The Megapodes are a family of birds in the galliformes order. They live primarily in Australia and are notable in being extremely precocial and laying more eggs than any other bird. They build large mounds to lay their eggs in and the largest of these birds are about the size of a turkey, hence the common name Australian Brush Turkey for Alectura lathami. The eggs also contain a larger yolk on average than chickens

So given their very fast rate of maturation, and their incredible egg laying capabilities, would they be a superior livestock choice compared to the humble chicken? The culture using them in my setting has had several centuries to selectively breed them and is living in the right climate.


I suggest looking into South African ostrich farms. While they haven't replaced chicken, they are a widely used food source there. Ostrich meat was widely available in supermarkets last time I visited, on par with "common" meats like pork, beef, and chicken.

If you say that megapodes are easily kept as livestock, give lots of eggs and meat, there would be hardly any reasons for humans not to use them as a resource.

Of course a few things would need to be considered:

Domestication of a species is often key when keeping livestock. If a species cannot be kept with minimal security and danger to surroundings, they might be too much trouble to keep. This includes how prone they are to flee, attack their keepers (consider children in a household), and how strong a cage would be needed (while still being accessible for daily egg collection).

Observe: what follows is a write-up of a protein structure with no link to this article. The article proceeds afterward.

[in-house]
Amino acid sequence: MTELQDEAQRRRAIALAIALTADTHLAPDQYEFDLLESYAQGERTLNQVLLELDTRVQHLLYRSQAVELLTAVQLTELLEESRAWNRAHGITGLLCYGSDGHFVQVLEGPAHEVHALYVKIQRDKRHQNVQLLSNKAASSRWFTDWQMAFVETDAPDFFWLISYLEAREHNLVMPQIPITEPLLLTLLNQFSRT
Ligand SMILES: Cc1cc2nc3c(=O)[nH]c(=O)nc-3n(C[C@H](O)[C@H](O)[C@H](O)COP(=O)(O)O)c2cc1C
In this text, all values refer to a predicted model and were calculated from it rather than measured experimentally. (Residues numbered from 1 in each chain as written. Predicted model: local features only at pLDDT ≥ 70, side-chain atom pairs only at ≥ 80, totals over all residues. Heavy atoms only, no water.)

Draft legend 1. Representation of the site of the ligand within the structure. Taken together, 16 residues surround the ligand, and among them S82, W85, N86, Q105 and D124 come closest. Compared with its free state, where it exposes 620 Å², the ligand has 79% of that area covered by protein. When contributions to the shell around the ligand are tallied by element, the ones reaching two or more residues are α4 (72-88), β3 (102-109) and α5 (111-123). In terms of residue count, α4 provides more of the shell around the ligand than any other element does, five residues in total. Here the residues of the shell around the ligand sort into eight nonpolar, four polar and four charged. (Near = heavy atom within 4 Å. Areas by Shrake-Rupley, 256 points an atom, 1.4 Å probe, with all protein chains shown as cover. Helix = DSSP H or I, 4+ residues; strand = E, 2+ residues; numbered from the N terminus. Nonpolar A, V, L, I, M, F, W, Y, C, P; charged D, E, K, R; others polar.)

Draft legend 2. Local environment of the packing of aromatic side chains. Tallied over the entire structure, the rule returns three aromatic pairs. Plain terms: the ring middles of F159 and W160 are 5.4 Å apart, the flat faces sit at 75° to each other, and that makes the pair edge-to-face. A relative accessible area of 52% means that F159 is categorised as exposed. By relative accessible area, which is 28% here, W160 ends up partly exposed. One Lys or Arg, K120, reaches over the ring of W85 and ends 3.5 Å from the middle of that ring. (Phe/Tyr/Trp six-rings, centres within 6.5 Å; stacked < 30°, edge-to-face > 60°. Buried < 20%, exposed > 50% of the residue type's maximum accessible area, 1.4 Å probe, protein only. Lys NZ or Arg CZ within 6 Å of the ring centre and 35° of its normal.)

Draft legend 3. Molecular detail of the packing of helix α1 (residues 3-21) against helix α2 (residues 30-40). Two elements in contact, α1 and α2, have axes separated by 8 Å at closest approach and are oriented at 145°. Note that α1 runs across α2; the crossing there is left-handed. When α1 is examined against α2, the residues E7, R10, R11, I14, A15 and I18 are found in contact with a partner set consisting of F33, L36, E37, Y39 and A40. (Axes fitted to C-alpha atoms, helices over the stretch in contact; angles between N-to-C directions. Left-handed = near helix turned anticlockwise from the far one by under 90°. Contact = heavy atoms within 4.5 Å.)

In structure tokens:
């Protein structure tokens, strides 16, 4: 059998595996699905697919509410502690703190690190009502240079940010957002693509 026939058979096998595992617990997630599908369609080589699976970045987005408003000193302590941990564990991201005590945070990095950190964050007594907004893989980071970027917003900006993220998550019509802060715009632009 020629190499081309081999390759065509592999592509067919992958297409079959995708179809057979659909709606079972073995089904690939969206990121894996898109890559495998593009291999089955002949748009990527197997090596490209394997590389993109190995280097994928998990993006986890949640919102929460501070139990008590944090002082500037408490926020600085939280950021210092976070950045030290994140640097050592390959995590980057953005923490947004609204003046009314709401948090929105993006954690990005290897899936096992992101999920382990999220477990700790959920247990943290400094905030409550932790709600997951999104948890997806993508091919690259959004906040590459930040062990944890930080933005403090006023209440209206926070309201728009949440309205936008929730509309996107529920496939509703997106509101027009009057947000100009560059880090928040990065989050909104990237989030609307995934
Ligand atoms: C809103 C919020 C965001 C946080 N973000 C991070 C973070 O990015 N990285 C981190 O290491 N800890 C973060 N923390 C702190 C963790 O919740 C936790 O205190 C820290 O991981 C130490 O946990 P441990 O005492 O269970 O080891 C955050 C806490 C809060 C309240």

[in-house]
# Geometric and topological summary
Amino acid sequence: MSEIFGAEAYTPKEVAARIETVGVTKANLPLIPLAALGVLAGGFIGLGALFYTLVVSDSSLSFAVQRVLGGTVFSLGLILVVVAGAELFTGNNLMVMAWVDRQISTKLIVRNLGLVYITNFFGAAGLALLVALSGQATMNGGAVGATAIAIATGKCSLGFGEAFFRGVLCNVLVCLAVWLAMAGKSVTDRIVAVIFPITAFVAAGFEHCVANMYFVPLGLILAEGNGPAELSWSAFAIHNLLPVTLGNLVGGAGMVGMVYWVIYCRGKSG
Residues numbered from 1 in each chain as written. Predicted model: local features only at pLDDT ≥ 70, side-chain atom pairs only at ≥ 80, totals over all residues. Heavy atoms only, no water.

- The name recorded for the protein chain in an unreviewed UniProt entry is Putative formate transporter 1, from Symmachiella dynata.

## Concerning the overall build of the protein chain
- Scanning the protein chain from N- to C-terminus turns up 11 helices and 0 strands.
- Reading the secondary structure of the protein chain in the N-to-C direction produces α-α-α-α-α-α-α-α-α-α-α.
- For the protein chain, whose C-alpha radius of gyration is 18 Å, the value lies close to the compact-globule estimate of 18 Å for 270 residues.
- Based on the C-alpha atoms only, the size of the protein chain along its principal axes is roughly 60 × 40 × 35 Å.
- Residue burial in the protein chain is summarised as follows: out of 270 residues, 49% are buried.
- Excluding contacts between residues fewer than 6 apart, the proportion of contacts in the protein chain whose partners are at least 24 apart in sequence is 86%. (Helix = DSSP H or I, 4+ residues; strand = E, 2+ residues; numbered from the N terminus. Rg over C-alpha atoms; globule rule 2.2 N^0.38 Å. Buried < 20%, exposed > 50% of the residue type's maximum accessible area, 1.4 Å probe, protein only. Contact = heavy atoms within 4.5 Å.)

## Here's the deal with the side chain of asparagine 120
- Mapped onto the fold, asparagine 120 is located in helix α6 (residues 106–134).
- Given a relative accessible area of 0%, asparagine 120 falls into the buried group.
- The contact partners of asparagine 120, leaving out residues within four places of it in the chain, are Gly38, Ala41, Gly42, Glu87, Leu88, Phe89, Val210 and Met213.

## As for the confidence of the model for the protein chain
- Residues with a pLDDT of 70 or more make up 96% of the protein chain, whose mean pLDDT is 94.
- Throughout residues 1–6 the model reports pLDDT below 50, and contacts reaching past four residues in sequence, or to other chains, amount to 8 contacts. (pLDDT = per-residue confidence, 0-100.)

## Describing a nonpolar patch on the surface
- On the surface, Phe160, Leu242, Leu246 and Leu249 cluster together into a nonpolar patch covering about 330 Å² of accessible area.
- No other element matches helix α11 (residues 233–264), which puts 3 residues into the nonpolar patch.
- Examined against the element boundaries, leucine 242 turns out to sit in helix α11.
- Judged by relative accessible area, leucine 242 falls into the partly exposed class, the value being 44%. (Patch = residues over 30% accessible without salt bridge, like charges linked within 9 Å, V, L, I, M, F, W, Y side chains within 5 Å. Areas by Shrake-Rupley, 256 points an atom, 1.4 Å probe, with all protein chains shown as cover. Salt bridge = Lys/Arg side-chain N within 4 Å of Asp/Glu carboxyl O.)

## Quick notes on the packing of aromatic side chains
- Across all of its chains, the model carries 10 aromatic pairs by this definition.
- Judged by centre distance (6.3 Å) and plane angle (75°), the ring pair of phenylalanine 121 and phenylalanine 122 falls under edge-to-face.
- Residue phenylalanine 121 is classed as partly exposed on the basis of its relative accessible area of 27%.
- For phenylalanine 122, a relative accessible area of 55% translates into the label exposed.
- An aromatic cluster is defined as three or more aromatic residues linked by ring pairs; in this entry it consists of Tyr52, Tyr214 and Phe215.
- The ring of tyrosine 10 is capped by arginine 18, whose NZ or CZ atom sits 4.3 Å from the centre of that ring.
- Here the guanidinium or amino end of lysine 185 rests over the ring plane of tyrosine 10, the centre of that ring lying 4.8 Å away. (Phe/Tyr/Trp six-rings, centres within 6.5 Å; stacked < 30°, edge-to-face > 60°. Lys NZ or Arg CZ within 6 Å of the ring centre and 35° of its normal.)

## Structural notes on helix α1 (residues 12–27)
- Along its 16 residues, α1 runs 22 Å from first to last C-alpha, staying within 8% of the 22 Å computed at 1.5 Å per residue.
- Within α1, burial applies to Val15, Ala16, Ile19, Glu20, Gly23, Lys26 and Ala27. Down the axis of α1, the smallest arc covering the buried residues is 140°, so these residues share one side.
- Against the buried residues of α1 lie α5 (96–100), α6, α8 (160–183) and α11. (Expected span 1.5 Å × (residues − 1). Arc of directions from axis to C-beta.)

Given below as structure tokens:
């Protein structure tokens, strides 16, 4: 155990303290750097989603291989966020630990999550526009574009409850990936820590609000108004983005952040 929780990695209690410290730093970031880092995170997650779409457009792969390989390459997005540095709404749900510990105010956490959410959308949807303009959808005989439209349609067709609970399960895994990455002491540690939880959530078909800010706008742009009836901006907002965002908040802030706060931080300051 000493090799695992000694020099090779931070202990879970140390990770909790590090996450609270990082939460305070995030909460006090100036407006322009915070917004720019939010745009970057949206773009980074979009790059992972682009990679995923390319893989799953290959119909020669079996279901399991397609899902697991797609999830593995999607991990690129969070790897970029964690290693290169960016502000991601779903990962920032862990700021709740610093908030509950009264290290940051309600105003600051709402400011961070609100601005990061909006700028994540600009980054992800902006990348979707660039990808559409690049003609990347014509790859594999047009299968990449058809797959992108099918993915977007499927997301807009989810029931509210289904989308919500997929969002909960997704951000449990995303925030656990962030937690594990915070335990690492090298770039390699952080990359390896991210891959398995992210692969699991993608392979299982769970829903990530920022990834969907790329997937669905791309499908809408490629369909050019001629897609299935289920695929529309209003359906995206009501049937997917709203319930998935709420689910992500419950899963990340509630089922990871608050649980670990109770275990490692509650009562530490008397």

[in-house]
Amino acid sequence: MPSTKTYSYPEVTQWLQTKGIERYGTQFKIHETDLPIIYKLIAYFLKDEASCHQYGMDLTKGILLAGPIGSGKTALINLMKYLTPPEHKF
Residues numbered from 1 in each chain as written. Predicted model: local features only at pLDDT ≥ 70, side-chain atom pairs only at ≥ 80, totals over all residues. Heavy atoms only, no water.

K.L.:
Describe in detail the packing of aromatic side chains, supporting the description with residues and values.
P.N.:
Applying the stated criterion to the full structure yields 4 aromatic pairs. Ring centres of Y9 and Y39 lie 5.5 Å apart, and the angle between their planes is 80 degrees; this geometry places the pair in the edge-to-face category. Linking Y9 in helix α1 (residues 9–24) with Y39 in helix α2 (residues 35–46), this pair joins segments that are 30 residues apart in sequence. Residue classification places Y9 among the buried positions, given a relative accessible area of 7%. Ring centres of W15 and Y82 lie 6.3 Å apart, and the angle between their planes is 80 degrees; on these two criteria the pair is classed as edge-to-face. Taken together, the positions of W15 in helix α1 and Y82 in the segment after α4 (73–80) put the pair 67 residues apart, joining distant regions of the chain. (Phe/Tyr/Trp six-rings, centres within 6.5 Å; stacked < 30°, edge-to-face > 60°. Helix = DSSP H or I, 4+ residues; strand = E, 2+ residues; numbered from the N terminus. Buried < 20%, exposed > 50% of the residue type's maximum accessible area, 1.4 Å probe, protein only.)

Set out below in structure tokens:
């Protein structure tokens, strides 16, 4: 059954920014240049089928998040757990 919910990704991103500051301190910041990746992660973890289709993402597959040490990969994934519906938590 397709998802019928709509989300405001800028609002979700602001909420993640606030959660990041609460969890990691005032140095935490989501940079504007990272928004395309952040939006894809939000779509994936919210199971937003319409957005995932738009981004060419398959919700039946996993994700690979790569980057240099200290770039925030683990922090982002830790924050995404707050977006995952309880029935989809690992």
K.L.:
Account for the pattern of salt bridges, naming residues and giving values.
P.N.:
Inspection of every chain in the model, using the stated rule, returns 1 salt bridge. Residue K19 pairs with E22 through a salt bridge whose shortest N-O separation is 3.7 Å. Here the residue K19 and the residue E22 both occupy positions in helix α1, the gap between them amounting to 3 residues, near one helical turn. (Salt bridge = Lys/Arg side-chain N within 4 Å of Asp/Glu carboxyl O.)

Another reason we keep the livestock we do, is because feed for them is videly available, or a wide selection of easily obtainable feed will suffice. A minimum amount of effort is required to keep the livestock (over)fed and growing quickly.

  • $\begingroup$ I wouldn’t really be worried about aggression with these birds. They’re not exactly capable of killing a man and they don’t need to do tricks. $\endgroup$ – NixonCranium Feb 17 '20 at 7:43
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    $\begingroup$ @NixonCranium killing a man isn't the concern. If you can't send your ten year old in to collect the eggs, without them coming out maimed and scarred for life due to being scratched and pecked by these birds, this would be problematic. Consider most livestock developed in single households instead of farms, with as minimal fencing as they could get away with. $\endgroup$ – Plutian Feb 17 '20 at 7:59
  • $\begingroup$ Ok, I see what you mean. Good thing megapodes have absolutely no paternal investment post egg laying so they’re not going to be attacking the kid $\endgroup$ – NixonCranium Feb 17 '20 at 15:53

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